The body of text, the corpse of meaning

Barrie Tullet’s Valley of Disease (Inferno Canto 29 of The Typographic Dante)

No matter how much you exercise, how healthy you eat and how carefully you plan, death comes to us all. Verrà la morte e avrà i tuoi occhi.

It’s the same with words. Language evolved every which way before the advent of Academies, and it continues to do so afterwards, despite the attempts to set it in stone. Words rise and fall like empires, no matter how well enshrined in use and status. Meaning shifts despite all our efforts to either arrest or channel it. Languages don’t have a soul, but they certainly look as though they had a mind of their own.

Language is adaptive, it helps negotiate the agent-arena relationship so language users are best fitted to their environment. Describe, analyse, communicate. Words are crafted, but we are in turn crafted by them.

The Latin alphabet hasn’t changed at all for over 2,000 years, but the languages which are written in it haven’t ceased to change. Even when the words didn’t change, the meaning has continued to shift. Morphological bodies standing triumphant over semantic corpses.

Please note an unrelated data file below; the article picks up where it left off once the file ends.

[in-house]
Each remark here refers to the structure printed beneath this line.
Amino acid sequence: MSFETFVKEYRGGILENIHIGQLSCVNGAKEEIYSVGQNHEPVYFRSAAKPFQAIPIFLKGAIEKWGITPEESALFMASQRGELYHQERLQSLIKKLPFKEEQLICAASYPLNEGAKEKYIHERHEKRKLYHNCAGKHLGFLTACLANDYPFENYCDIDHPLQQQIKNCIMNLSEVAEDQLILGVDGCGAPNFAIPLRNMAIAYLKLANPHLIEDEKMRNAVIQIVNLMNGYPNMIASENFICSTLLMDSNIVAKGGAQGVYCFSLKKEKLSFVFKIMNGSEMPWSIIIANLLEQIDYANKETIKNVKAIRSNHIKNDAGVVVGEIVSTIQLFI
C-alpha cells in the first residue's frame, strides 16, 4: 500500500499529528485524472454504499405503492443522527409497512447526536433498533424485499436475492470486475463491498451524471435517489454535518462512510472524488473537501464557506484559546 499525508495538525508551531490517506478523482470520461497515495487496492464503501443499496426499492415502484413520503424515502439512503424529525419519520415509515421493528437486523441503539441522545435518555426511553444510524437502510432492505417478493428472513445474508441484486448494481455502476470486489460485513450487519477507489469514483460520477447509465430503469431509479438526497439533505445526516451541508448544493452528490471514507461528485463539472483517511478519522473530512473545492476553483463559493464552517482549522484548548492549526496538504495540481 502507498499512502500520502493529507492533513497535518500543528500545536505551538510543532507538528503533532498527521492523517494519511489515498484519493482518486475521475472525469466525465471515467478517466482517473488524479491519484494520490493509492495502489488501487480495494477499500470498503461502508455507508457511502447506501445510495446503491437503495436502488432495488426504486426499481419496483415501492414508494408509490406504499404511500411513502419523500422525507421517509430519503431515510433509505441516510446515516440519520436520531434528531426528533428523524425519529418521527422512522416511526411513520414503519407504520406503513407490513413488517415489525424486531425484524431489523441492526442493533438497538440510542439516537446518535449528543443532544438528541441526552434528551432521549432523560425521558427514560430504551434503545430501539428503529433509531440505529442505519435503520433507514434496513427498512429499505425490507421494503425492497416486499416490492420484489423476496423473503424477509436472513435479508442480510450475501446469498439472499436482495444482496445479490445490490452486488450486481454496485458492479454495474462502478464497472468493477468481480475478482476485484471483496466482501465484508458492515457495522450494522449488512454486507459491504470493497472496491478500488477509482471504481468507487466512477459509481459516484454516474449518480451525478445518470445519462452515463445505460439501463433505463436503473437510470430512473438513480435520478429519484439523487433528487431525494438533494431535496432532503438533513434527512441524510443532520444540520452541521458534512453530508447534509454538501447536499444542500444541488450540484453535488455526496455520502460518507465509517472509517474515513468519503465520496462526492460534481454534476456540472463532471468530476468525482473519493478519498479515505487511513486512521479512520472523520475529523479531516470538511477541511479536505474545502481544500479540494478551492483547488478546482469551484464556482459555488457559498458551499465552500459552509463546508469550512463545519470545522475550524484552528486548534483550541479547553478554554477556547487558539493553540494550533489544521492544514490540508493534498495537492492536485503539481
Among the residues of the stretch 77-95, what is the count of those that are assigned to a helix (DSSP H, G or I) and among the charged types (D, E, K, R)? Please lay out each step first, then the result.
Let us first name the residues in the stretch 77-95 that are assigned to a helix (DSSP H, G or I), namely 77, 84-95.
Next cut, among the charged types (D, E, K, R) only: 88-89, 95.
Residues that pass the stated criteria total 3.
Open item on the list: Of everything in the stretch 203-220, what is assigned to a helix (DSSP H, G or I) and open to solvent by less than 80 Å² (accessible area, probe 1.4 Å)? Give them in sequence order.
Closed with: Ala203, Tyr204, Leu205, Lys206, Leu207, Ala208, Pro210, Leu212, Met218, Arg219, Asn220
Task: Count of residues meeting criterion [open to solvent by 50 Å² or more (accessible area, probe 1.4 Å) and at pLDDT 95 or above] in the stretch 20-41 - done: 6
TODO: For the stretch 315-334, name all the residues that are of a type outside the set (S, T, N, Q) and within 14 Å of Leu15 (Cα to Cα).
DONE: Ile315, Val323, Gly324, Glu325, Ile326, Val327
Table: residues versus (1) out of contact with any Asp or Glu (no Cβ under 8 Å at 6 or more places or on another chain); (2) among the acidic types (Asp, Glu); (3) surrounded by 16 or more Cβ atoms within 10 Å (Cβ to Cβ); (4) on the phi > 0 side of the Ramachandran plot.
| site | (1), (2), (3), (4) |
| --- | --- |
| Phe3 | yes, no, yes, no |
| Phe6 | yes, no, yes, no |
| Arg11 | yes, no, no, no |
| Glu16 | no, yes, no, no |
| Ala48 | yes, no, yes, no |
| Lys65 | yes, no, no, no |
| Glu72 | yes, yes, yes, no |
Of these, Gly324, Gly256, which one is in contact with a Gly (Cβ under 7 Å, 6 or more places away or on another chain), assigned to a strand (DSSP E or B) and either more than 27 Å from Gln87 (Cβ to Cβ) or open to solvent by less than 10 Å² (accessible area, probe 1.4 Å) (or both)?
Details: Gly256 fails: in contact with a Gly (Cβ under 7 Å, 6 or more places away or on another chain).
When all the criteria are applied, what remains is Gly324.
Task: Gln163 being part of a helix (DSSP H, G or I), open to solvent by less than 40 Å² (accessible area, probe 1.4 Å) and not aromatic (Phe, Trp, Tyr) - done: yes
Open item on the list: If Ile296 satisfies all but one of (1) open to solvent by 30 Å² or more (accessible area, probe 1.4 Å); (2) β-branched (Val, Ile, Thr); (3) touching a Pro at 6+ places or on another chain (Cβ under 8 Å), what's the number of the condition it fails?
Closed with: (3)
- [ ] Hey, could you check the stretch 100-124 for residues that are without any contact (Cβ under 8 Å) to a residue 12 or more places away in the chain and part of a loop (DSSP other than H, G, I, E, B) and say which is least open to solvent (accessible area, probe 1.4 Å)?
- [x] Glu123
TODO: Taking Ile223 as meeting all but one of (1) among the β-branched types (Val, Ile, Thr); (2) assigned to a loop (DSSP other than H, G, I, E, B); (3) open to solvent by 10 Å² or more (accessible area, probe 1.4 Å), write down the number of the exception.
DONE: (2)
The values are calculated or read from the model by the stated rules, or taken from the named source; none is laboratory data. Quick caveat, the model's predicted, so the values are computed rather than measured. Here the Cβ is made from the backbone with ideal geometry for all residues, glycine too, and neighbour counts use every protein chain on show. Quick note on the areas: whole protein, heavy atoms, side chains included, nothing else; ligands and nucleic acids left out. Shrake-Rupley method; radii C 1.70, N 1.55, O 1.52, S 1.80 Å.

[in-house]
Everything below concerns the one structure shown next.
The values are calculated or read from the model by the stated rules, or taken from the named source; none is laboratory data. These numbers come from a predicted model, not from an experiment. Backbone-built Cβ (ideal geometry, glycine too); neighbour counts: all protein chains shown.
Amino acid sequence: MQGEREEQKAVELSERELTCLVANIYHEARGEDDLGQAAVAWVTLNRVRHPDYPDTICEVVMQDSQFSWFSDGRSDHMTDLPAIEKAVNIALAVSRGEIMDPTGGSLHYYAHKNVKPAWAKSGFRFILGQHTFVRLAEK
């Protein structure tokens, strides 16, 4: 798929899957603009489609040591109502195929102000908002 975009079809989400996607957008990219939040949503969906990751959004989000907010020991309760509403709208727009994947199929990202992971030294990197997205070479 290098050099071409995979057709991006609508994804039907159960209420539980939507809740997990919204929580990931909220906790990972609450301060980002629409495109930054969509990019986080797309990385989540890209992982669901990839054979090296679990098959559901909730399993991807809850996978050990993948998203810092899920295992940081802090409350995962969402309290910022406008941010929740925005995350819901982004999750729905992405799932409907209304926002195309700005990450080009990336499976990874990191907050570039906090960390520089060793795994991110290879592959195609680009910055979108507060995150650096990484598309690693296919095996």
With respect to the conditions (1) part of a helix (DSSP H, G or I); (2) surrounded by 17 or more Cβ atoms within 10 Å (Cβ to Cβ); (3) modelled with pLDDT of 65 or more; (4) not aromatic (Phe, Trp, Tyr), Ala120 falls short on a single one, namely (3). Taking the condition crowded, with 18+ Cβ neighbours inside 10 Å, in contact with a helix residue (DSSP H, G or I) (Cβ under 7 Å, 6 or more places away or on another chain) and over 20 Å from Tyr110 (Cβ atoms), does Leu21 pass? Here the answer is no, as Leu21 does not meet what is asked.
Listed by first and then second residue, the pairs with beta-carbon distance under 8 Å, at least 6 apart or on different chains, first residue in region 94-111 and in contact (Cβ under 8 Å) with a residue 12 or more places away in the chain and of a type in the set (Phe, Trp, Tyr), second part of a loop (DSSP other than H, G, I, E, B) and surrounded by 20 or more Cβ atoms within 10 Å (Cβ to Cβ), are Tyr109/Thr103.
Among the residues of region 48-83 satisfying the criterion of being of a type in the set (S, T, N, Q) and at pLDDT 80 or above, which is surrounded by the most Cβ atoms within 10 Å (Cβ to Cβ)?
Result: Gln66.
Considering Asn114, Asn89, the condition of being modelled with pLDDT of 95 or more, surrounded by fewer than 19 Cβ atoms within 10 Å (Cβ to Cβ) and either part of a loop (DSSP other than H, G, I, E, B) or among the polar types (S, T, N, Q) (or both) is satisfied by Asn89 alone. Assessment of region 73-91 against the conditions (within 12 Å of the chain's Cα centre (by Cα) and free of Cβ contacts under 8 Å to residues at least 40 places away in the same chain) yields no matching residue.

The excitement one experiences in the face of etymological insight, the wow moment as a word discloses its roots and its history is also the uncomfortable realisation that form outlives content. Language may facilitate our being in the world, but taken historically, it may hinder it. Perhaps that is why all languages and meaning decline, that we may be reminded that nothing really lasts, and the only hope is to recognise this and strive towards a constant sense of epistemological renewal.

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